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dc.contributor.authorKisely, Stephen
dc.contributor.authorLin, Elizabeth
dc.contributor.authorGilbert, Charles
dc.contributor.authorSmith, Mark
dc.contributor.authorCampbell, Leslie-Anne
dc.contributor.authorVasiliadis, Helen-Maria
dc.date.accessioned2017-05-03T15:27:21Z
dc.date.available2017-05-03T15:27:21Z
dc.date.issued2009
dc.date.modified2010-12-01T06:57:23Z
dc.identifier.issn0004-8674
dc.identifier.doi10.3109/00048670903279838
dc.identifier.urihttp://hdl.handle.net/10072/33908
dc.description.abstractObjective: There is increasing interest in the use of administrative data for surveillance and research in Australia. The purpose of the present study was to evaluate the usefulness of such data for the surveillance of mood and anxiety disorder using databases from the following Canadian provinces: British Columbia, Ontario, Quebec and Nova Scotia. Method: A population-based record-linkage analysis was done using data from physician billings and hospital discharge abstracts, and community-based clinics using a case defi - nition of ICD-9 diagnoses of 296.0-296.9, 311.0, and 300.0-300.9. Results: The prevalence of treated mood and/or anxiety disorder was similar in Nova Scotia, British Columbia, and Ontario at approximately 10%. The prevalence for Quebec was slightly lower at 8%. Findings from the provinces showed consistency across age and sex despite variations in data coding. Women tended to show a higher prevalence overall of mood and anxiety disorder than men. There was considerably more variation, however, when treated anxiety (300.0-300.9) and mood disorders (296.0-296.9, 311.0) were considered separately. Prevalence increased steadily to middle age, declining in the 50s and 60s, and then increased after 70 years of age. Conclusions: Administrative data can provide a useful, reliable and economical source of information for the surveillance of treated mood and/or anxiety disorder. Due to the lack of specifi city, however, in the diagnoses and data capture, it may be difficult to conduct surveillance of mood and anxiety disorders as separate entities. These fi ndings may have implications for the surveillance of mood and anxiety disorders in Australia with the development of a national network for the extraction, linkage and analysis of administrative data.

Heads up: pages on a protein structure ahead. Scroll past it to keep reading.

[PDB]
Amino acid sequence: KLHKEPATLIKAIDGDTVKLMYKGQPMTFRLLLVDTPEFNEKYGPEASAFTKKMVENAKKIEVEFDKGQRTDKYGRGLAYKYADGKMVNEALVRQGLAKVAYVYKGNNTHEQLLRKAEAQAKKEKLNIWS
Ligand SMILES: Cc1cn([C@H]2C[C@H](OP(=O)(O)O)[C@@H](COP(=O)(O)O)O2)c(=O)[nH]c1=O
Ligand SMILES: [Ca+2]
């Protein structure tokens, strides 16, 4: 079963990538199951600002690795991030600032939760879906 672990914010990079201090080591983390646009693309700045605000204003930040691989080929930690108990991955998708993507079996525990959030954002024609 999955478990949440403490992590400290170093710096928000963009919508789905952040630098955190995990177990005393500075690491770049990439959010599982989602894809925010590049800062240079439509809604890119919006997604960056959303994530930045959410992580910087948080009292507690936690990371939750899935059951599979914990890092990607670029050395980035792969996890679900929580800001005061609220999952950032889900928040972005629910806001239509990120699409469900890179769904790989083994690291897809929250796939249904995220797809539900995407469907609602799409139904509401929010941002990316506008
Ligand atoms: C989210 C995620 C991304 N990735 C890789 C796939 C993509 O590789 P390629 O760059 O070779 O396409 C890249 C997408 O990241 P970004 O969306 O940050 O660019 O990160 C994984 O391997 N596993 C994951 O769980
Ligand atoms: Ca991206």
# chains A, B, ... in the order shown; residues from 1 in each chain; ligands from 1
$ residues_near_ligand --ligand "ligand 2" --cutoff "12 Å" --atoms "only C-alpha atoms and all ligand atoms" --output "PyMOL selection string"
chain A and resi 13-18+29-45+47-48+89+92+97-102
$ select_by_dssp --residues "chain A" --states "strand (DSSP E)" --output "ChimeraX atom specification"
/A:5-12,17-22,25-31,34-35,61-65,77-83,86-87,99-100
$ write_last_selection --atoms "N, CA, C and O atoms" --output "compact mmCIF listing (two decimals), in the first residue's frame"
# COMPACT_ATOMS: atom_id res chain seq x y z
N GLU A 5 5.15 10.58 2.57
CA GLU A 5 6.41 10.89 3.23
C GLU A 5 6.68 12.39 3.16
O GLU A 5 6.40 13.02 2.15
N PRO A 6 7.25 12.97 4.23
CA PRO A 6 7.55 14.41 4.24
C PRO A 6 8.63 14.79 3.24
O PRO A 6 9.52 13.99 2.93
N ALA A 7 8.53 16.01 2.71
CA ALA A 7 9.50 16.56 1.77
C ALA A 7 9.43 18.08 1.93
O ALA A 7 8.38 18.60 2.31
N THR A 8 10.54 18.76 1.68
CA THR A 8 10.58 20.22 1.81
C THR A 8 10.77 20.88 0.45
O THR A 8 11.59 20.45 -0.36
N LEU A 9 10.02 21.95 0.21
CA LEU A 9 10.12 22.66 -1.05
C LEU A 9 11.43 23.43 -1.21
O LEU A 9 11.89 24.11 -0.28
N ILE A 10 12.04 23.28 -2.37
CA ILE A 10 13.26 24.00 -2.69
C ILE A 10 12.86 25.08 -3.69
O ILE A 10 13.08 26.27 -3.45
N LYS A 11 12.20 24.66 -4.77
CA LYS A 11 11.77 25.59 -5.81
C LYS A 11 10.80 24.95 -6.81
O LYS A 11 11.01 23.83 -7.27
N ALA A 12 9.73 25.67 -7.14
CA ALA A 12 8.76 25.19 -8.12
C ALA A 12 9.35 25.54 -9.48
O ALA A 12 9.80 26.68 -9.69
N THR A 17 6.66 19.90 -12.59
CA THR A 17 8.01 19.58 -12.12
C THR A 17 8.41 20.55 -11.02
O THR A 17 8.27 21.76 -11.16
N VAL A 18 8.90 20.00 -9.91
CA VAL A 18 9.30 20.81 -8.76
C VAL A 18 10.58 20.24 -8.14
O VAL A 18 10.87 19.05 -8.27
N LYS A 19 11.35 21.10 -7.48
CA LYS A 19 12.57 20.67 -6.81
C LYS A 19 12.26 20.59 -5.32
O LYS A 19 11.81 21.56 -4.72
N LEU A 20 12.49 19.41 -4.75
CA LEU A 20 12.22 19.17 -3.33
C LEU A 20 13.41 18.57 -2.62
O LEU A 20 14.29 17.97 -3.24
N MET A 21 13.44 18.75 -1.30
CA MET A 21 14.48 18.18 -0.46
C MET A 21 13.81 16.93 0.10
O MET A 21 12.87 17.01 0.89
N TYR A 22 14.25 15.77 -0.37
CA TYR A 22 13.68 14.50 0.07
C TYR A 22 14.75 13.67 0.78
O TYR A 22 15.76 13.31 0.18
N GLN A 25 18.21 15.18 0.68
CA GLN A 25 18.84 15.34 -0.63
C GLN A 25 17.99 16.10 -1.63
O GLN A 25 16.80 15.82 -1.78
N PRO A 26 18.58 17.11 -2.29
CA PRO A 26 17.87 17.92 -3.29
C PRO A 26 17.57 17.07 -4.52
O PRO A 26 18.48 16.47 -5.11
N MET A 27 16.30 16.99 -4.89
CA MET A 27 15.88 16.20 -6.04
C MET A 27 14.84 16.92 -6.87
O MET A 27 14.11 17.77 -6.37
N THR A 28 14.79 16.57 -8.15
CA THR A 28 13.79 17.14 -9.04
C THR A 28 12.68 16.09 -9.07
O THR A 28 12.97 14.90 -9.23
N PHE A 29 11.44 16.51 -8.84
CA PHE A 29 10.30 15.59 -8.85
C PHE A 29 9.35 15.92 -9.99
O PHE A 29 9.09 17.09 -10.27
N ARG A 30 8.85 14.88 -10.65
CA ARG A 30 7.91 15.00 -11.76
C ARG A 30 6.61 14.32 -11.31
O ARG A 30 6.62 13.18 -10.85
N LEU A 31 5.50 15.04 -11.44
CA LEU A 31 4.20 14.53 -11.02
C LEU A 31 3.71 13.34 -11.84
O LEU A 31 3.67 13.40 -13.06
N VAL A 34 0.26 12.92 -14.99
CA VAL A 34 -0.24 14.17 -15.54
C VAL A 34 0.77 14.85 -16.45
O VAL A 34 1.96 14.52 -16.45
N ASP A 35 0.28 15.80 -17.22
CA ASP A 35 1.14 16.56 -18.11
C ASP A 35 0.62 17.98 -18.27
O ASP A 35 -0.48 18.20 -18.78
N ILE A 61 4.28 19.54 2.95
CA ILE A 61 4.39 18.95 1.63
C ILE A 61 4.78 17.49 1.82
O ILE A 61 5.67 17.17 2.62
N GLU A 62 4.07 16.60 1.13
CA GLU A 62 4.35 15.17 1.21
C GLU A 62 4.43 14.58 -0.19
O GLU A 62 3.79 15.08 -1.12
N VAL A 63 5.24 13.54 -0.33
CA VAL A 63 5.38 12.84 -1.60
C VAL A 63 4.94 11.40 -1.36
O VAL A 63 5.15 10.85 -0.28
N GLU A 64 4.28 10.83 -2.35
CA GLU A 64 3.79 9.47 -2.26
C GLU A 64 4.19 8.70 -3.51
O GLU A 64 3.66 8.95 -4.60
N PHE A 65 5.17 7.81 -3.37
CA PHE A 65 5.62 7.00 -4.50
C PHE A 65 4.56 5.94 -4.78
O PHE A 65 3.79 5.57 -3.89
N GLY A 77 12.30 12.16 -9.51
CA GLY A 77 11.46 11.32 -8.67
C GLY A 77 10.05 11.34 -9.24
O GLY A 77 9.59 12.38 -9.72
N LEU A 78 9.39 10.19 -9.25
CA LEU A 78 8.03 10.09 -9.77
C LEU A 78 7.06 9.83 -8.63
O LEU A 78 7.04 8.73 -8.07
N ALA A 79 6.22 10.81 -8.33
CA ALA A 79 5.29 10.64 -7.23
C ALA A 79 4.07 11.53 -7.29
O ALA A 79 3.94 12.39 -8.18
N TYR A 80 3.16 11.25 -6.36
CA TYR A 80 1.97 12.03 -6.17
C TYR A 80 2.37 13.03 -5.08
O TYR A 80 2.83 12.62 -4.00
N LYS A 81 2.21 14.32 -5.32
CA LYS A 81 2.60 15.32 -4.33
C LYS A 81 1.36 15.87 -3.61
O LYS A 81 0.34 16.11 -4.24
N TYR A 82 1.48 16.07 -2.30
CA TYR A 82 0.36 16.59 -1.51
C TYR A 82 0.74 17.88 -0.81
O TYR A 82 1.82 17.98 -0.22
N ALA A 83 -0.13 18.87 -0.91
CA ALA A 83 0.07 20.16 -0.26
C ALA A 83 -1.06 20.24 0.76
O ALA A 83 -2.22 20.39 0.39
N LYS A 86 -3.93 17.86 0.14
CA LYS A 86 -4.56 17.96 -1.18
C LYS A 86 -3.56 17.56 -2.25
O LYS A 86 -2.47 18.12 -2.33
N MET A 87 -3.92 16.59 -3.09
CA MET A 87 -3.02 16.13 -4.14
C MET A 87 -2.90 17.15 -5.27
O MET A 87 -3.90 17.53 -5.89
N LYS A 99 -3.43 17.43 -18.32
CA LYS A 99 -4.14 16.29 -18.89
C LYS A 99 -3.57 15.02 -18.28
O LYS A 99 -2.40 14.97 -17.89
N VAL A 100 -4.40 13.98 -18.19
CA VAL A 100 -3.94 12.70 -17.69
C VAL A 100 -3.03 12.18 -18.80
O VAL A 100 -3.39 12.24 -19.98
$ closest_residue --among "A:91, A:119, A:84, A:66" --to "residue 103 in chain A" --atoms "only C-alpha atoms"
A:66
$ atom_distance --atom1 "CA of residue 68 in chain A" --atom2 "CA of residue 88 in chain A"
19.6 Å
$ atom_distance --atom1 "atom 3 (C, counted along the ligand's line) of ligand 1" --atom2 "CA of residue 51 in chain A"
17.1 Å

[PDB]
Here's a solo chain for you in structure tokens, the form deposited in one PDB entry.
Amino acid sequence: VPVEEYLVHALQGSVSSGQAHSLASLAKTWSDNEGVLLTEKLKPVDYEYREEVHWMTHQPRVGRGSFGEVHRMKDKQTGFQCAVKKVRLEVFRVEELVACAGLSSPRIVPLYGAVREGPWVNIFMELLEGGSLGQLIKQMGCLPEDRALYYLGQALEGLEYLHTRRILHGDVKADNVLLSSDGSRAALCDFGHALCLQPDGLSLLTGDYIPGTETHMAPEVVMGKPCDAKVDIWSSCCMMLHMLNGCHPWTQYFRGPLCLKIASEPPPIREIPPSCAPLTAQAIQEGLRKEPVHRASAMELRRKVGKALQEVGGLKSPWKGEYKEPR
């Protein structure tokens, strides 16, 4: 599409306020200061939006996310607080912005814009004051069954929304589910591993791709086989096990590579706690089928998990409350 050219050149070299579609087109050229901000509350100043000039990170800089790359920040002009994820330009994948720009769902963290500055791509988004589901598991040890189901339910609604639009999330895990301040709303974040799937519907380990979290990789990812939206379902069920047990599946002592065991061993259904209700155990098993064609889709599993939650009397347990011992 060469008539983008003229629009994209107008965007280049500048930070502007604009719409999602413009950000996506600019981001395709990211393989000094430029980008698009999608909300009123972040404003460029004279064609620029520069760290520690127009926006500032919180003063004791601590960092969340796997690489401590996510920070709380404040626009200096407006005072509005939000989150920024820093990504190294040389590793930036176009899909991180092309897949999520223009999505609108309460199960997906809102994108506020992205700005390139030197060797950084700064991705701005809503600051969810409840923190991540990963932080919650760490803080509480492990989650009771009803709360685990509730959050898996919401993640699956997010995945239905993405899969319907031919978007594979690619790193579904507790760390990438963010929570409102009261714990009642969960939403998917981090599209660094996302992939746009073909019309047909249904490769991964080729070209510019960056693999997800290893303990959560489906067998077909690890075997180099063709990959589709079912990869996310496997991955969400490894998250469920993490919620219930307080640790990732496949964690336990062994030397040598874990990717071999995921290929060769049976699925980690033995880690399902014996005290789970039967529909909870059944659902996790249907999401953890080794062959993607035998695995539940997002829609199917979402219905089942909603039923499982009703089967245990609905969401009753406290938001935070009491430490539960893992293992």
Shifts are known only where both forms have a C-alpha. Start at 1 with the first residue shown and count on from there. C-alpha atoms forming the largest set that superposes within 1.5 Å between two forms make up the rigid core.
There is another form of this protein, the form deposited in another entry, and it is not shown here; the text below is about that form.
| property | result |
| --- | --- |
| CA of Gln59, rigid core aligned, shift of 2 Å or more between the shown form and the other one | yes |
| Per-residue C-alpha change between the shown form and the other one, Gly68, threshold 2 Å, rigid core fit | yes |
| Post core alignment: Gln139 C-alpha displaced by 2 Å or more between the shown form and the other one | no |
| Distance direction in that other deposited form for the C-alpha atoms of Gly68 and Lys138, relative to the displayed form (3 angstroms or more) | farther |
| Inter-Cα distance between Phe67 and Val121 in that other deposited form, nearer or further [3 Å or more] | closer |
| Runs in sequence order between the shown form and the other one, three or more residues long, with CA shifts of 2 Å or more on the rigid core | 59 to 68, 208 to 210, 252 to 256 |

dc.description.peerreviewedYes
dc.description.publicationstatusYes
dc.format.extent270986 bytes
dc.format.mimetypeapplication/pdf
dc.languageEnglish
dc.language.isoeng
dc.publisherInforma Healthcare
dc.publisher.placeAustralia
dc.relation.ispartofstudentpublicationN
dc.relation.ispartofpagefrom1118
dc.relation.ispartofpageto1125
dc.relation.ispartofissue12
dc.relation.ispartofjournalAustralian & New Zealand Journal of Psychiatry
dc.relation.ispartofvolume43
dc.rights.retentionY
dc.subject.fieldofresearchBiomedical and clinical sciences
dc.subject.fieldofresearchPsychology
dc.subject.fieldofresearchOther psychology not elsewhere classified
dc.subject.fieldofresearchcode32
dc.subject.fieldofresearchcode52
dc.subject.fieldofresearchcode529999
dc.titleUse of administrative data for the surveillance of mood and anxiety disorders
dc.typeJournal article
dc.type.descriptionC1 - Articles
dc.type.codeC - Journal Articles
gro.rights.copyright© 2009 Informa Healthcare. This is an electronic version of an article published in Australian and New Zealand Journal of Psychiatry, Vol. 43, No. 12 , Pages 1118-1125. Australian and New Zealand Journal of Psychiatry is available online at: http://informahealthcare.com with the open URL of your article.
gro.date.issued2009
gro.hasfulltextFull Text
gro.griffith.authorKisely, Steve R.


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